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  • #62050
    mlk
    Flatchatter

    Wondering if you could offer a bit of advice. My new next door neighbour (adjacent unit) and a committee member has applied for permission to keep a 30kg greyhound.

    The committee, of which I am secretary believes there should be a size limit on animals – essentially to counter problems with dogs walking through common property areas.

    We suggest guidelines in which permission is granted co ditto all on the animal being carried through CP areas. (I’m joking of course, but what if someone wanted to have a baby elephant?)

    We are not having much support from the strata manager, who says we cannot control what pets are allowed.

    What is your view? Your knowledge and opinion would be appreciated.

Viewing 5 replies - 1 through 5 (of 5 total)
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  • #62052
    Jimmy-T
    Keymaster

    Stripping the current laws back to their basics, you can’t ban pets unreasonably which means, literally, without good reason.
    That means you can’t ban dogs because they might bark all day and night.  However, you can get rid of them if they do.
    There’s a widely ignored section of the law that deals with animals that have been allowed but later prove to be a nuisance, so there are mechanisms available to remove problem animals, however that tends to reinforce the argument against unreasonable bans.
    As for tricky laws to limit the size of dogs, there was a recent case (albeit in  Queensland) where a dog owner successfully fought a by-law that required them to carry their dog in common property or walk it up 15 flights of fire stairs, because that effectively prevented them from keeping their dog.
    All of which is to say, if you can’t identify a specific issue – such as a resident having a genuine phobia of dogs or a life-threatening allergy – you could be on a sticky wicket.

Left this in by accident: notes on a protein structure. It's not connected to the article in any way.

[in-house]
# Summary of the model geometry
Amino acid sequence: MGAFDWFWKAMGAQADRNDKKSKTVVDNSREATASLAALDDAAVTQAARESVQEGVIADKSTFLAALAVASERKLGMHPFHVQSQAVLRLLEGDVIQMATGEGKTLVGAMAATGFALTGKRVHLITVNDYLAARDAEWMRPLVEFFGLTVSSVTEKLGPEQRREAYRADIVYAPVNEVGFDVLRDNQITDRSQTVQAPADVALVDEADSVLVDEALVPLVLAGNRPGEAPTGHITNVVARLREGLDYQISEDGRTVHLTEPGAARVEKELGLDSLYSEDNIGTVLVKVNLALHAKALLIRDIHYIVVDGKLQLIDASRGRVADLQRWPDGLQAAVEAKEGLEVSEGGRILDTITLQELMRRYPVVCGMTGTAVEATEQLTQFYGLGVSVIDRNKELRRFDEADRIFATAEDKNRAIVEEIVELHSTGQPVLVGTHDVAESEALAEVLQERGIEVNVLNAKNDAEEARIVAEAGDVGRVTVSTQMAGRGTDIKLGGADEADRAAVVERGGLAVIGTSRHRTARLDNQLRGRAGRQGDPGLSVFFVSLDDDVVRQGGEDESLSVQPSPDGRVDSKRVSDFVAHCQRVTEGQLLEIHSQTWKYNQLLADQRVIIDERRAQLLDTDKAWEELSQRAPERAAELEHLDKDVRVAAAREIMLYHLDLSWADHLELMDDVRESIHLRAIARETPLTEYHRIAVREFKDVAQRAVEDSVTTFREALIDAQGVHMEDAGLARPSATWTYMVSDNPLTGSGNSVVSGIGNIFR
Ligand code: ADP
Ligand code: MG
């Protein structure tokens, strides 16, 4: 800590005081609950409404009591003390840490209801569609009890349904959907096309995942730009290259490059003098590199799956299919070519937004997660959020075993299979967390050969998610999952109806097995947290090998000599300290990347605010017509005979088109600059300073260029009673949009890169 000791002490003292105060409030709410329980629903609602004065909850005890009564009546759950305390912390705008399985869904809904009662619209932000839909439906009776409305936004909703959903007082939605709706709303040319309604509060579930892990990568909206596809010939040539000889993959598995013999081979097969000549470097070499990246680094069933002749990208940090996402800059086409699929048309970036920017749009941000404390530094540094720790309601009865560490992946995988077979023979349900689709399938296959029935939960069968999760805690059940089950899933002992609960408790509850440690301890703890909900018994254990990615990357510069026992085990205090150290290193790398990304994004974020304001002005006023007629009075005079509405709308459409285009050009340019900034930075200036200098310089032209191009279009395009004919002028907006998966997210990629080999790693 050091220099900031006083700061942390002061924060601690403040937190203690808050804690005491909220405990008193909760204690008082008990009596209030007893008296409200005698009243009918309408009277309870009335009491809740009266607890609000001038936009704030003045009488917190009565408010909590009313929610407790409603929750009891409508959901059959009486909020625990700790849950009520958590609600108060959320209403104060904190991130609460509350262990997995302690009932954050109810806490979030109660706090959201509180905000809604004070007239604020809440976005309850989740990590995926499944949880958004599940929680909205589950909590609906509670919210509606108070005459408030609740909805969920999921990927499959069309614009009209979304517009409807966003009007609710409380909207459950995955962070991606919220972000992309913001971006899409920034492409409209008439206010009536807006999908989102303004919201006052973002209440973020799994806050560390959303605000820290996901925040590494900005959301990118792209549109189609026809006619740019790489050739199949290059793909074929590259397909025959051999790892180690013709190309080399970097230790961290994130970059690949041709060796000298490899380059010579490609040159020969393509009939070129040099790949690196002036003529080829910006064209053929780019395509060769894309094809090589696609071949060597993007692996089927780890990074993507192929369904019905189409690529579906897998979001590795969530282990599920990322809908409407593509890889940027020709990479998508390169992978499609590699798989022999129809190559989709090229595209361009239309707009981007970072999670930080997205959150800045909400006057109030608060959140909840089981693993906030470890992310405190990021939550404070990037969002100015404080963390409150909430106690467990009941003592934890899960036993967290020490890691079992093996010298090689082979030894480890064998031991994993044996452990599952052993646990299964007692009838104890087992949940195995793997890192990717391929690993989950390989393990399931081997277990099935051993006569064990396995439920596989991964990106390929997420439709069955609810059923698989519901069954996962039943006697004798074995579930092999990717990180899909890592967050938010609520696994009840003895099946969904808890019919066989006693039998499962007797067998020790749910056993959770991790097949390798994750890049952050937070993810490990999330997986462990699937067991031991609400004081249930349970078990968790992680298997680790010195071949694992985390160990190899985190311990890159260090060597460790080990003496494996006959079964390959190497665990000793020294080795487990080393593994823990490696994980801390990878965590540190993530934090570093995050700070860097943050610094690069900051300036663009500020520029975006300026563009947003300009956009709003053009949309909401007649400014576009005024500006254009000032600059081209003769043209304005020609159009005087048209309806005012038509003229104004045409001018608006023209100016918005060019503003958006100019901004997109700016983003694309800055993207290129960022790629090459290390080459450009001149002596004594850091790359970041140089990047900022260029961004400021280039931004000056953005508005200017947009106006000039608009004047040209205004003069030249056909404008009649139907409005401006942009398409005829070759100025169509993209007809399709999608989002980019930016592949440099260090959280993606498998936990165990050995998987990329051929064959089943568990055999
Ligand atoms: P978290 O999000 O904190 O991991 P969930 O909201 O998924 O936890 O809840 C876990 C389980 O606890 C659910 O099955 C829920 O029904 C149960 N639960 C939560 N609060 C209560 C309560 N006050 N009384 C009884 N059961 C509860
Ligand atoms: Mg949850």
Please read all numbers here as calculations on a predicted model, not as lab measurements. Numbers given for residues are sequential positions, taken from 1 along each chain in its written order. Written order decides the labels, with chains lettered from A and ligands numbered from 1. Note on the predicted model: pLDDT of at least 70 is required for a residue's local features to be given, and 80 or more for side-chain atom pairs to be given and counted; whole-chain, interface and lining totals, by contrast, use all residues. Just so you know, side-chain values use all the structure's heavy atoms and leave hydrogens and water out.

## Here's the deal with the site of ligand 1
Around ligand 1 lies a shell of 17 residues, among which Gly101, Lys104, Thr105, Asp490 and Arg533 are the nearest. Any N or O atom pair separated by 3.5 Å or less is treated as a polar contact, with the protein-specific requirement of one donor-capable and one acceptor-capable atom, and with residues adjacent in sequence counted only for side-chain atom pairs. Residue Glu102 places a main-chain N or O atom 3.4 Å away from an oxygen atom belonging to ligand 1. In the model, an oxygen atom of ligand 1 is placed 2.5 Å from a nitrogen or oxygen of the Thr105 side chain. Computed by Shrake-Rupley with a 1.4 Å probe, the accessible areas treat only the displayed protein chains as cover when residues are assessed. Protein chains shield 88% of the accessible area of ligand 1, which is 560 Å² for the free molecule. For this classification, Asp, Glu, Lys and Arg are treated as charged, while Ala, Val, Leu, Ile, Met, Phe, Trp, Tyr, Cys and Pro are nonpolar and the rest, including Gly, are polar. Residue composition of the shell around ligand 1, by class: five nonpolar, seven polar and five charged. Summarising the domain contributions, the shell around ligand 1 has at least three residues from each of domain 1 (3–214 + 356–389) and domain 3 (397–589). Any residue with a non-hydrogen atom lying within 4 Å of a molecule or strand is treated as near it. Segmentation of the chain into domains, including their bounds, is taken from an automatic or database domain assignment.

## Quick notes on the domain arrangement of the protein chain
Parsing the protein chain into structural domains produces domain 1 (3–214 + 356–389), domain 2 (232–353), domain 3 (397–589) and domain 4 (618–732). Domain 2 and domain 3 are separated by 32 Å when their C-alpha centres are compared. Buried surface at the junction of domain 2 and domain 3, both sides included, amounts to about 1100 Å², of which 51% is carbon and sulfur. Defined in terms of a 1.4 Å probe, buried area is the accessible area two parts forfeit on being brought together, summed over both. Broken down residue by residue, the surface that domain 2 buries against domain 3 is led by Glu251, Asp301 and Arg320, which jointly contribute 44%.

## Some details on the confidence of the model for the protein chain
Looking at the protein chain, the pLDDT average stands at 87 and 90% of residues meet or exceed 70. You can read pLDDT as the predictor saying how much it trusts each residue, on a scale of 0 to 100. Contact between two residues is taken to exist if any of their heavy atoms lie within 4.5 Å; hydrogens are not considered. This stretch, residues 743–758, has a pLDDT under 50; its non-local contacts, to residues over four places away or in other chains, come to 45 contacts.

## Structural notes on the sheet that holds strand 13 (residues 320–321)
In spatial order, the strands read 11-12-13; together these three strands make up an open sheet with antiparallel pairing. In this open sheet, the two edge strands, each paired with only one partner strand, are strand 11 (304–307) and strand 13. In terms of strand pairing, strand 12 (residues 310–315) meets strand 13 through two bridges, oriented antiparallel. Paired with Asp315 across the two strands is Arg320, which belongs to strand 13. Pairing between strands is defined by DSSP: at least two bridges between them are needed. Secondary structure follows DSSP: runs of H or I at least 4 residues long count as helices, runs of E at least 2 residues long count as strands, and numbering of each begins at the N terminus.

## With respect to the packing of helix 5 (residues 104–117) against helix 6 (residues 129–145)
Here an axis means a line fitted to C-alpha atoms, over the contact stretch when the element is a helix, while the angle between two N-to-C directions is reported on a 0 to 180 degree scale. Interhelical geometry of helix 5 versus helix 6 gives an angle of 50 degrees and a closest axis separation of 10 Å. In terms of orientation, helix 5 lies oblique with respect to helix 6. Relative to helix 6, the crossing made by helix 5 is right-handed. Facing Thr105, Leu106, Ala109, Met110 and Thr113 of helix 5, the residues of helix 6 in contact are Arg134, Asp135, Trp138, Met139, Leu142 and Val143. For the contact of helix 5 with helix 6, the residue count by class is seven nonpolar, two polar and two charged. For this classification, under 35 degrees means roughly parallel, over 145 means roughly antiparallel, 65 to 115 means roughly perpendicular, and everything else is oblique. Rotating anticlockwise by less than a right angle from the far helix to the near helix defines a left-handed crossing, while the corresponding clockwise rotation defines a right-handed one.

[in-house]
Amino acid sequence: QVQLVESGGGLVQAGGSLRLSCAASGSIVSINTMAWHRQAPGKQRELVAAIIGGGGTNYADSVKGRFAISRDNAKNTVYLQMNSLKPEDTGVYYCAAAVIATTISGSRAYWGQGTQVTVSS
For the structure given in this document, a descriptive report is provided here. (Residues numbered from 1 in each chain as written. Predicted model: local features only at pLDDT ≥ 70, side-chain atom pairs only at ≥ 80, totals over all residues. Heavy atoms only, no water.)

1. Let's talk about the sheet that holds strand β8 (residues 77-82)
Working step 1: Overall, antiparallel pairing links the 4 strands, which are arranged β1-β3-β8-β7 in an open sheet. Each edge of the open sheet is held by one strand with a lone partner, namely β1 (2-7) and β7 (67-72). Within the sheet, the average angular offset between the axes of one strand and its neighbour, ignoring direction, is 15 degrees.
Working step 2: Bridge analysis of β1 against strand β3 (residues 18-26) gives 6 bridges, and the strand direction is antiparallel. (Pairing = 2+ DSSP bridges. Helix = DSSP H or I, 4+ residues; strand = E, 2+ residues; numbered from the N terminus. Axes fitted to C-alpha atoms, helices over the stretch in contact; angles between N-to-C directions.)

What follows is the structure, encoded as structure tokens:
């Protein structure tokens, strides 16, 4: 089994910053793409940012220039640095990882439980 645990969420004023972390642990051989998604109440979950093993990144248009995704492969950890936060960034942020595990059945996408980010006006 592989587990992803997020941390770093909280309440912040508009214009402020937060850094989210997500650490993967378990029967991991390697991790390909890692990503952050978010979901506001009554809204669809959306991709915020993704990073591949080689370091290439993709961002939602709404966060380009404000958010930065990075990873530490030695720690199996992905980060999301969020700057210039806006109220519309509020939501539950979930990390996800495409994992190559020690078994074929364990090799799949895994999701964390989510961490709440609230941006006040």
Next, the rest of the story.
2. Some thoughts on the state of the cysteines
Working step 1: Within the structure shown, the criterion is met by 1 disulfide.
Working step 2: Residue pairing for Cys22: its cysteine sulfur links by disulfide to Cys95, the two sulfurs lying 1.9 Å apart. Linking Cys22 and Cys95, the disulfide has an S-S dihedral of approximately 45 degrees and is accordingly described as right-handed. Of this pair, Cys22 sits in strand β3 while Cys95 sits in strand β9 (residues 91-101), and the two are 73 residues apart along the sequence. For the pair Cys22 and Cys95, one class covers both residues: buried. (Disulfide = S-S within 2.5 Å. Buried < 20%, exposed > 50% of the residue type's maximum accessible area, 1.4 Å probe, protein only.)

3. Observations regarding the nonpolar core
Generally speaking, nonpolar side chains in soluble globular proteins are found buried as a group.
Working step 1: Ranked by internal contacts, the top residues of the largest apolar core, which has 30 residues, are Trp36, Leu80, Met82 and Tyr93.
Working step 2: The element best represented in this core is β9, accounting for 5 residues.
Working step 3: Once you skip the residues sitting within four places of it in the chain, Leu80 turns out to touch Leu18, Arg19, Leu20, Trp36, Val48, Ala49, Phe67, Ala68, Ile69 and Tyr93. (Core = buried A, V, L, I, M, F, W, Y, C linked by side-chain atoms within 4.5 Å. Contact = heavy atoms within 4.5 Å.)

The size of the dog would be an issue if you had particularly small lift or passageways, so that people wouldn’t be able to avoid close contact.
    But I think your best bet is to make the resident aware that if the dog proves to be a nuisance, you have options to have it removed from the building.
    If appropriate, you might also give permission on condition that it be muzzled when on common property and that the owner doesn’t take it into the lift if there is someone already in it.

    • This reply was modified 2 months ago by .
    #62055
    Anonymous

    The size of the dog would be an issue if you had particularly small lift or passageways,

    Passage way is very narrow. Could not avoid touching dog if it was going past. Dog would have to walk past my door.

    #62057
    Sir Humphrey
    Strataguru

    Some years ago, our committee was looking at some examples of Tribunal cases while considering an update to our animal keeping rules. I recall examples of owners corporations having rules to only allow dogs of less than a certain size. These were tossed out when challenged as arbitrary and unreasonable because of expert testimony that some very large dogs can be very happy and well-behaved lazing about quietly all day in a small apartment needing little exercise while some small dogs need frequent exercise, are prone to be noisy and agitated with the slightest stimulus and are unlikely to be suitable for an apartment.

    #62312
    Jimmy-T
    Keymaster

    I think this may settle the size argument.  From the shiny new NSW government strata website, in a section on pets, it says:

    …  by-laws banning all pets are not valid and banning animals based on size, type, or quantity, will not be valid in most circumstances.

    There you go.

    • This reply was modified 1 month, 2 weeks ago by .
    #62316
    Sir Humphrey
    Strataguru

    I think this may settle the size argument. From the shiny new NSW government strata website, in a section on pets, it says:

    … by-laws banning all pets are not valid and banning animals based on size, type, or quantity, will not be valid in most circumstances.

    There you go.

    There would however still be the limits that apply to any household, strata or not. In the ACT at least, there are limits on the number of dogs or cats that anyone can have and there are a few dog breeds that are not permitted. If someone had 15 dogs or cats, an OC could at least use the by-law on complying with any applicable legislation to reduce such numbers.

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